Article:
Siomay is Indonesia’s answer to dim sum. This steamed dumpling is made from fish or shrimp, sold as an assortment which includes slices of steamed tofu, potato, cabbage and hard-boiled egg topped with peanut sauce, soy sauce and chilli sauce. Derived from the Chinese shumai dumpling, it has since been adapted to suit local tastes with the peanut sauce and chilli sauce toppings. The best known variety of siomay is Siomay Bandung, originating in Bandung, Java. Today, most of the siomay sellers are from this region.
Sate (or satay) is easily one of the most popular dishes in Indonesia. So popular in fact, that it’s also a national dish. Although sate is simply skewers of meat cooked over coals, the variations of the dish are as diverse as Indonesia’s cultures and ethnicities. The meat can be chicken, beef, fish, mutton and pork, marinated in a mixture of soy sauce and spices and then grilled on charcoal. Sate is usually served with rice cakes and peanut sauce, or soy sauce mixed with chopped chillies. The Balinese sate lilit is a popular variant, made from meat mixed with grated coconut, coconut milk, lime juice, shallots and pepper. The spiced meat is wound around bamboo, sugar cane or lemongrass stalks and grilled.
Nasi campur is one of the most commonly found dishes throughout Indonesia. It translates to ‘mixed rice’ and consists of rice with an assortment of side dishes like meat, vegetables, peanuts, eggs, tofu and crackers. The great thing about this dish is that there’s no set rule or recipe that defines it – each cook or seller decides what they’re going to cook and serve. Nasi campur is usually served in a warung – a simple local cafe – where you’re served a portion of rice and you can choose the different sides you’d like.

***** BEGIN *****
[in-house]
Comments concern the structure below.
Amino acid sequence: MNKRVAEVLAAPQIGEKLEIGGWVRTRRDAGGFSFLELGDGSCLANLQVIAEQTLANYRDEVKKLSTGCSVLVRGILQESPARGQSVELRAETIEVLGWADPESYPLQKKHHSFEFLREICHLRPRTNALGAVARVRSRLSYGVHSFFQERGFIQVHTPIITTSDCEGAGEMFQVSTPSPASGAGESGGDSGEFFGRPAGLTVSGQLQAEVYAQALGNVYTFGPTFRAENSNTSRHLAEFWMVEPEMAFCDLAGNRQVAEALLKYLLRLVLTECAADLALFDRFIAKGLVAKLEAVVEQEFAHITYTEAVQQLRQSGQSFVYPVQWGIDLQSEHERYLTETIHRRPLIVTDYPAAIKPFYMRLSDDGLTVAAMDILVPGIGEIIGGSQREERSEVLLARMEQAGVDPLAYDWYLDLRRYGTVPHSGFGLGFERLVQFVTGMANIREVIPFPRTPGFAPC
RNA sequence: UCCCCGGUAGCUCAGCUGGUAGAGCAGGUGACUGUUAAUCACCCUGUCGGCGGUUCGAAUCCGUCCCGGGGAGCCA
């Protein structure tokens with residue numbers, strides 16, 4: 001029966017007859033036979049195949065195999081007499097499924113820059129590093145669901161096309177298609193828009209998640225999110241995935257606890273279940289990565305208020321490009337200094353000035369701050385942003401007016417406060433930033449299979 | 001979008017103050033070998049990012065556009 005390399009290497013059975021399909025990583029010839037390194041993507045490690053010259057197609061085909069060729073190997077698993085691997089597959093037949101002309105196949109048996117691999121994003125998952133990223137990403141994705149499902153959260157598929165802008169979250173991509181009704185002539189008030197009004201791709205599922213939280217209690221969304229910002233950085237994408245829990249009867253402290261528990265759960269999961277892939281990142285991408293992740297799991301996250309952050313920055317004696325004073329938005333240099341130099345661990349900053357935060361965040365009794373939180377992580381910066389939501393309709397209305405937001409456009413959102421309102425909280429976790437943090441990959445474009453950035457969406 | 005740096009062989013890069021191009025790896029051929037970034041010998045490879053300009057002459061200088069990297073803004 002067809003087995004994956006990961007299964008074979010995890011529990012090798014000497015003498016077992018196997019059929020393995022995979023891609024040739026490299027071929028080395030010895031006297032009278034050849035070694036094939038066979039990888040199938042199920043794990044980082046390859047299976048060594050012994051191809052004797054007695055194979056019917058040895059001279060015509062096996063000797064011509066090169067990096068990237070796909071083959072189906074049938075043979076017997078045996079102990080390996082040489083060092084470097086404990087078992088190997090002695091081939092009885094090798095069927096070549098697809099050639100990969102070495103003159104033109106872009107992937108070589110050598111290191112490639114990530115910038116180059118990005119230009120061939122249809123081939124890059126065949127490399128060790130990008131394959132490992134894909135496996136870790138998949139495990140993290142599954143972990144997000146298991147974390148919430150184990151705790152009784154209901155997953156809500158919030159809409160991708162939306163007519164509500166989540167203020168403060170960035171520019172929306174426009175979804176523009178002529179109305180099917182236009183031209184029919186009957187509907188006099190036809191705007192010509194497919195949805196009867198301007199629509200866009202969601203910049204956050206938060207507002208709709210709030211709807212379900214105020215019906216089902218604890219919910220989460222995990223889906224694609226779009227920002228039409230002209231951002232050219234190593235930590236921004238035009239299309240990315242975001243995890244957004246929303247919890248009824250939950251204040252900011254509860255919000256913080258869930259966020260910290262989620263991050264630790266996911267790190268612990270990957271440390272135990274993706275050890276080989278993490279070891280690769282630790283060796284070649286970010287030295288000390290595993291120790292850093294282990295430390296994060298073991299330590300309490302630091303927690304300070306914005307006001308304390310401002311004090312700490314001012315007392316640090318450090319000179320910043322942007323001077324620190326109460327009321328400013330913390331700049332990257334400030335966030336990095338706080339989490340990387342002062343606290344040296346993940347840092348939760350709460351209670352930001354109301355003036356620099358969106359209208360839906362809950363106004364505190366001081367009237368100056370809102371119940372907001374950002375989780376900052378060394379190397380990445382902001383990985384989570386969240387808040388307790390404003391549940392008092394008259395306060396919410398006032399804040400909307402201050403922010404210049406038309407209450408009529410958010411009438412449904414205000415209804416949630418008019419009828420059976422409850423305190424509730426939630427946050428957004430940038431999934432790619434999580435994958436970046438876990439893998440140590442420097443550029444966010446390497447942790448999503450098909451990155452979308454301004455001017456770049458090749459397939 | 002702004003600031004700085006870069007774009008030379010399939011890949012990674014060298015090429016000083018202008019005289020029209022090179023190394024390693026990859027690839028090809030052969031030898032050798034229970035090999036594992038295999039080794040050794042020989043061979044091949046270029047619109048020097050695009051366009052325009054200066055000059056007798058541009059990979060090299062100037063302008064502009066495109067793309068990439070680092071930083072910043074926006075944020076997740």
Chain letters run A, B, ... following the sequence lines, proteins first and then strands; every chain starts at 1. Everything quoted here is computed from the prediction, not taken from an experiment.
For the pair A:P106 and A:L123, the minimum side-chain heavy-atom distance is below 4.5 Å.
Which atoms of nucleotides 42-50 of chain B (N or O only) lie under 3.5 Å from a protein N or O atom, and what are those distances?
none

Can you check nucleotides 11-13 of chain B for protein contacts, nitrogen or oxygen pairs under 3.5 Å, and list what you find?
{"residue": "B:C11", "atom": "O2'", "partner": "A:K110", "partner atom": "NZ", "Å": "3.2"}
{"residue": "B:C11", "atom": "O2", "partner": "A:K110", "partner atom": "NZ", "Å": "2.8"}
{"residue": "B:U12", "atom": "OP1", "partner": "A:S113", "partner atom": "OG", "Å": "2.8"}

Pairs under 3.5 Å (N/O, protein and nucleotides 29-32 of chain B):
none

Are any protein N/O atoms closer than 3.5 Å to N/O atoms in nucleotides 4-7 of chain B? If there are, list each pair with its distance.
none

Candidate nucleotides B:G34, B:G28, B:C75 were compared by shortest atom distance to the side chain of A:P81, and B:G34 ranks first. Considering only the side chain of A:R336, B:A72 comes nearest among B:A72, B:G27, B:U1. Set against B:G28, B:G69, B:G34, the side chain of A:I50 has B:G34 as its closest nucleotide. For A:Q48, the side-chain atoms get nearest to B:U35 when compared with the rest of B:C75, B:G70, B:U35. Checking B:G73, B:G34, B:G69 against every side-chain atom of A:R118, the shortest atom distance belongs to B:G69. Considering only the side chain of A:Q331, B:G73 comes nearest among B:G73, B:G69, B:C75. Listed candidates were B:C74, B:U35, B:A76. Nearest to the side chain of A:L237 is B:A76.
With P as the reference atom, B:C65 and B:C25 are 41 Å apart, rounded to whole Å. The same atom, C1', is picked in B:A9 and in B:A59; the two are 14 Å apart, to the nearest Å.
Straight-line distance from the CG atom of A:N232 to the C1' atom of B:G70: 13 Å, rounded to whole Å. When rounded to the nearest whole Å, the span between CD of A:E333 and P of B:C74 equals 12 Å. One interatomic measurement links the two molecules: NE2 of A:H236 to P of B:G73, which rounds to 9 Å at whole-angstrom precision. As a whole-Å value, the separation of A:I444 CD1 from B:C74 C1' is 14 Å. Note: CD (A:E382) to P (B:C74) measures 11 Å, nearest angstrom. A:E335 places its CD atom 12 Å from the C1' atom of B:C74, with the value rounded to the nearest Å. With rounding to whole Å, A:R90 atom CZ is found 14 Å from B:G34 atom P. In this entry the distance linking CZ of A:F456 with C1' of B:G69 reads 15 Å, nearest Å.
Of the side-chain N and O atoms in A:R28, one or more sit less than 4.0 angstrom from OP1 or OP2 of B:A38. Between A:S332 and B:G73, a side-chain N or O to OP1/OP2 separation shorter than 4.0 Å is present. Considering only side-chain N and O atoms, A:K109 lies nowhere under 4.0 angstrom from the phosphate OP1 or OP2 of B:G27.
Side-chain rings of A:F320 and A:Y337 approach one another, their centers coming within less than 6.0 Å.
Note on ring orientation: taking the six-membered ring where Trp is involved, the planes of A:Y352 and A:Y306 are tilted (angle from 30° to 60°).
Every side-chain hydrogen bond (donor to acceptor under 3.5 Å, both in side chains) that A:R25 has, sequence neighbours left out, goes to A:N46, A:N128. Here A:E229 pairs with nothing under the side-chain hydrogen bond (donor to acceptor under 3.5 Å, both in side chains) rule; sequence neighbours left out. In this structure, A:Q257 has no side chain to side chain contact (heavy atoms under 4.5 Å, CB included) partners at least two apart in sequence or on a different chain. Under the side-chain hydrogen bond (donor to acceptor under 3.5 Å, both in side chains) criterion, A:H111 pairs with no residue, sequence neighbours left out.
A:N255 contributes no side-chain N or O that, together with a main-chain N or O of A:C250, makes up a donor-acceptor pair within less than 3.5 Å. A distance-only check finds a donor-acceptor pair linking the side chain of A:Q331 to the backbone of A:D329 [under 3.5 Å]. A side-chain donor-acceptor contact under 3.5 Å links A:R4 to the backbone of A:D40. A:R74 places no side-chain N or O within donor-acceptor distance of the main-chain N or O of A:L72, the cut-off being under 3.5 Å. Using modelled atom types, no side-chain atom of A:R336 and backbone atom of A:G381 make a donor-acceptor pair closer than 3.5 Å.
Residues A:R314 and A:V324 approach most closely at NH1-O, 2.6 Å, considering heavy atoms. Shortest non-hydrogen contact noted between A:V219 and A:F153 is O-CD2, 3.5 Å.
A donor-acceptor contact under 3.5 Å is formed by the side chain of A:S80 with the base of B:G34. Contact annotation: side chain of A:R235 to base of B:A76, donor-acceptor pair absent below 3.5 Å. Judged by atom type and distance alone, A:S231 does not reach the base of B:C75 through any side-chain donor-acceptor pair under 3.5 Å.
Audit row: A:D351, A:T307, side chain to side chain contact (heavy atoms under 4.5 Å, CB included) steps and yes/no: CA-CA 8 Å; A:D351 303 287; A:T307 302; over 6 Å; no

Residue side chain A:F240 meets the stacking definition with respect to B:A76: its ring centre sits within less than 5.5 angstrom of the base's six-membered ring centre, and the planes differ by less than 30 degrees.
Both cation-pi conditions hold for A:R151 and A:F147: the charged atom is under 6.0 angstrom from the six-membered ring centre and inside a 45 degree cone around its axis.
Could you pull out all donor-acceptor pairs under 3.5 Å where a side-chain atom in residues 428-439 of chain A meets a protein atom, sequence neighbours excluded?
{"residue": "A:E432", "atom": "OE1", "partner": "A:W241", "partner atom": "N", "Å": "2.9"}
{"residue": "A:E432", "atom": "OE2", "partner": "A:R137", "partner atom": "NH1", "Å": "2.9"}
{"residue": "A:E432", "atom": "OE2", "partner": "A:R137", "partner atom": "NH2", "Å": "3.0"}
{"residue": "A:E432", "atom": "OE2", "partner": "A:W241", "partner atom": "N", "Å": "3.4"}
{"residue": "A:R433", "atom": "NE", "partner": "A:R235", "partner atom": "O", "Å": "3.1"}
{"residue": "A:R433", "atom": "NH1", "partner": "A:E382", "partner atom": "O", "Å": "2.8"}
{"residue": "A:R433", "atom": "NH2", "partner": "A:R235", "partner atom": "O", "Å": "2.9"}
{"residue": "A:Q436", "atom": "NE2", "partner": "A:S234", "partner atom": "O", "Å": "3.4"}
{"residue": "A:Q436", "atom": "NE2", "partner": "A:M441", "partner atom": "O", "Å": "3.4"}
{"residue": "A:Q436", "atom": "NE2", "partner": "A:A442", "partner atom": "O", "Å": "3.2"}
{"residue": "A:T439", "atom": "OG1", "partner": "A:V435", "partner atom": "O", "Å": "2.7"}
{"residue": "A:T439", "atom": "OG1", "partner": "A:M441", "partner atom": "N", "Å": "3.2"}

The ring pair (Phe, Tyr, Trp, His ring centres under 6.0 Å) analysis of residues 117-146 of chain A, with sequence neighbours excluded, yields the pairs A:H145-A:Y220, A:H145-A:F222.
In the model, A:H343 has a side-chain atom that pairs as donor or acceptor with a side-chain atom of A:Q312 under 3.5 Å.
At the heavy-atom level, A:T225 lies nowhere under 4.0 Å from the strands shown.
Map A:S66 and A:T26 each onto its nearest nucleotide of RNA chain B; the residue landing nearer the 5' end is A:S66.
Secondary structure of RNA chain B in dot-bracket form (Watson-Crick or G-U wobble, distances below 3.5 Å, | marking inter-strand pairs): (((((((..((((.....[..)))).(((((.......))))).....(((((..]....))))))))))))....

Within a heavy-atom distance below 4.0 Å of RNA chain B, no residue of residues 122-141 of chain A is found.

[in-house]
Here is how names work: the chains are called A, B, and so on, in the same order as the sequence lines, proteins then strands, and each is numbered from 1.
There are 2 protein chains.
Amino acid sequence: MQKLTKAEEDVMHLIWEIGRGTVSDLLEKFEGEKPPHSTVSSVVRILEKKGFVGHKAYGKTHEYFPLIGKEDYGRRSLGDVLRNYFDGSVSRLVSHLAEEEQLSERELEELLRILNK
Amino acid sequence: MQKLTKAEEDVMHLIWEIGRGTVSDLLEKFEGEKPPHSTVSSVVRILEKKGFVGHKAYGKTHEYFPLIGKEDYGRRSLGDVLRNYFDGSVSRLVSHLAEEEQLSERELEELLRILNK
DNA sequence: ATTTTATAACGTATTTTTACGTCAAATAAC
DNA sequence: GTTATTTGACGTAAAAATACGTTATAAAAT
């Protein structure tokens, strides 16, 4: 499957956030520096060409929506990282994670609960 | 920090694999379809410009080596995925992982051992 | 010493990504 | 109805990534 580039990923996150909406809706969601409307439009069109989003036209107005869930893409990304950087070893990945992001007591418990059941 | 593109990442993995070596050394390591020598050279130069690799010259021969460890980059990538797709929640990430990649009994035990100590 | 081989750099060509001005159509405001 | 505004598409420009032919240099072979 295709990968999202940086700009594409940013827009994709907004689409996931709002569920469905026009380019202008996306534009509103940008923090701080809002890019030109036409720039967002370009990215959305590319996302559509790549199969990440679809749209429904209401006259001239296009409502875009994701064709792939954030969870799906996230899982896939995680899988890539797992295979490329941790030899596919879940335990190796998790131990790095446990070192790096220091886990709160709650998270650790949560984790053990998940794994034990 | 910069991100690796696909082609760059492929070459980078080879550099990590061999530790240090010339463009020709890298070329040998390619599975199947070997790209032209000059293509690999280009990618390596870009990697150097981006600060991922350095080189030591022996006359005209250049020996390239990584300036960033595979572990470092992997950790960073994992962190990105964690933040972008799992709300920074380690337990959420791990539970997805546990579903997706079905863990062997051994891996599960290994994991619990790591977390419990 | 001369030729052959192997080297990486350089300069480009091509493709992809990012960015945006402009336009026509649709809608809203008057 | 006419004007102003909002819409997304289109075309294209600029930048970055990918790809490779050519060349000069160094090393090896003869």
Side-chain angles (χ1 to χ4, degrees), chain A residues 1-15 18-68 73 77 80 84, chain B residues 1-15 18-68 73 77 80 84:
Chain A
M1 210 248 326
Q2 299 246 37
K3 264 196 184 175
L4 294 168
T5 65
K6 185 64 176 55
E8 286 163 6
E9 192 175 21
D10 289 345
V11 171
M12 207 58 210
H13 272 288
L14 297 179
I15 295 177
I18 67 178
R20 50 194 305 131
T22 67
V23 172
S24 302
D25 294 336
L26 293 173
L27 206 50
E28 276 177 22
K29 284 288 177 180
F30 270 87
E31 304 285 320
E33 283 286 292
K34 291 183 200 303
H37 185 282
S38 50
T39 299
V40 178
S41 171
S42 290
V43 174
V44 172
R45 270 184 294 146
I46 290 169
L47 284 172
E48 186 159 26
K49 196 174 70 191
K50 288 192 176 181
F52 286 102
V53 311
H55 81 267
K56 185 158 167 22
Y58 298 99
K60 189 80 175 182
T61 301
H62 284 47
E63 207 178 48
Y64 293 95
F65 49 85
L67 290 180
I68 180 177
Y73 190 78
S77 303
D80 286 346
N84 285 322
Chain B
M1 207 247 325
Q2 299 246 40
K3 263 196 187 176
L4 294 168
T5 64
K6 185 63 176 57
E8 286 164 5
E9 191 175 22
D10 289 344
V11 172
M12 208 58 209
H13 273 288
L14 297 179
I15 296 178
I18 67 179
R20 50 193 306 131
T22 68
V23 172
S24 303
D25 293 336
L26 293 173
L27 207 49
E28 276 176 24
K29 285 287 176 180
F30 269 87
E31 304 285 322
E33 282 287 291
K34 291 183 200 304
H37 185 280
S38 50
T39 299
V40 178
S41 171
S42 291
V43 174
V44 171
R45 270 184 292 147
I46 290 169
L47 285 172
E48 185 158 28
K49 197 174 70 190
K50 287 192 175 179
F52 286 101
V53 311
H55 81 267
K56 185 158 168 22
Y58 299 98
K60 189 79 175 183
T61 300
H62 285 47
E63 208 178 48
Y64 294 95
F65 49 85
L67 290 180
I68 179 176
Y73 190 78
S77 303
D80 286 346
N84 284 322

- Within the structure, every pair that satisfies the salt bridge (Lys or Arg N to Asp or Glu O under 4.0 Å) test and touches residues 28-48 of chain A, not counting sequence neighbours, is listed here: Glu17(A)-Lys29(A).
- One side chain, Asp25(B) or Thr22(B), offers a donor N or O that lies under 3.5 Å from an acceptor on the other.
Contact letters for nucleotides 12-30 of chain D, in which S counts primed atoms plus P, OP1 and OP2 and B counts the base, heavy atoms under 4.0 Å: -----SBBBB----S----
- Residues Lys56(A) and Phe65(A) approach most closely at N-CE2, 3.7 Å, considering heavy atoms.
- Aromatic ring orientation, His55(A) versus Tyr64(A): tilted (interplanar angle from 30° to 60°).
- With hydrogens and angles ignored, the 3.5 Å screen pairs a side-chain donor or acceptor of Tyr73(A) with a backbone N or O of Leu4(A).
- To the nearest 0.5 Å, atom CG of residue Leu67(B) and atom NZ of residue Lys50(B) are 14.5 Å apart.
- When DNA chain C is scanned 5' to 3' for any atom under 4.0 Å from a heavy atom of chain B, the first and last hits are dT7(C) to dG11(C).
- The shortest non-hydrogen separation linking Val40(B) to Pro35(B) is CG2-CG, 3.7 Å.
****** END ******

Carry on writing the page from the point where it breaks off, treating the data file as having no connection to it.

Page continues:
Martabak is a type of folded omelette pancake stuffed with minced meat and vegetables, a popular street food in Indonesia, as well as Malaysia and Singapore. Thin stretched wheat dough is overlaid onto an egg and minced meat filling, together with shallots and coriander. When fried, the martabak pastry becomes blistered, resulting in a crunchy outer layer. A similar version of the dish is found in Arab countries where it’s called ‘mutabbaq’ which means folded.
Gado-gado is another one of the five national dishes. This dish is often called an Indonesian salad as it contains a mix of vegetables with fried tofu, tempeh and hard-boiled egg in a spicy peanut sauce. The vegetables are slightly boiled, blanched or steamed vegetables, and usually include long beans, beansprouts, spinach and potatoes. Gado-gado is widely sold throughout Indonesia, with its origins thought to have come from West Java. Often served with rice cakes, this is a filling and vegetarian-friendly dish.
Gudeg is a traditional dish originating from Yogyakarta in Central Java. Young jackfruit is stewed for several hours with palm sugar, coconut milk, and spices like garlic, shallots, candlenut, coriander seeds, galangal, bay leaves and teak leaves which give the dish a reddish-brown colour. Served with white rice, gudeg is a fantastic vegetarian dish, but it can also be served with egg and chicken. There are several variations of gudeg – Yogyakarta’s ‘red gudeg’, Solo’s ‘white gudeg’ and East Java’s gudeg which is spicier and hotter compared to the gudeg from Central Java.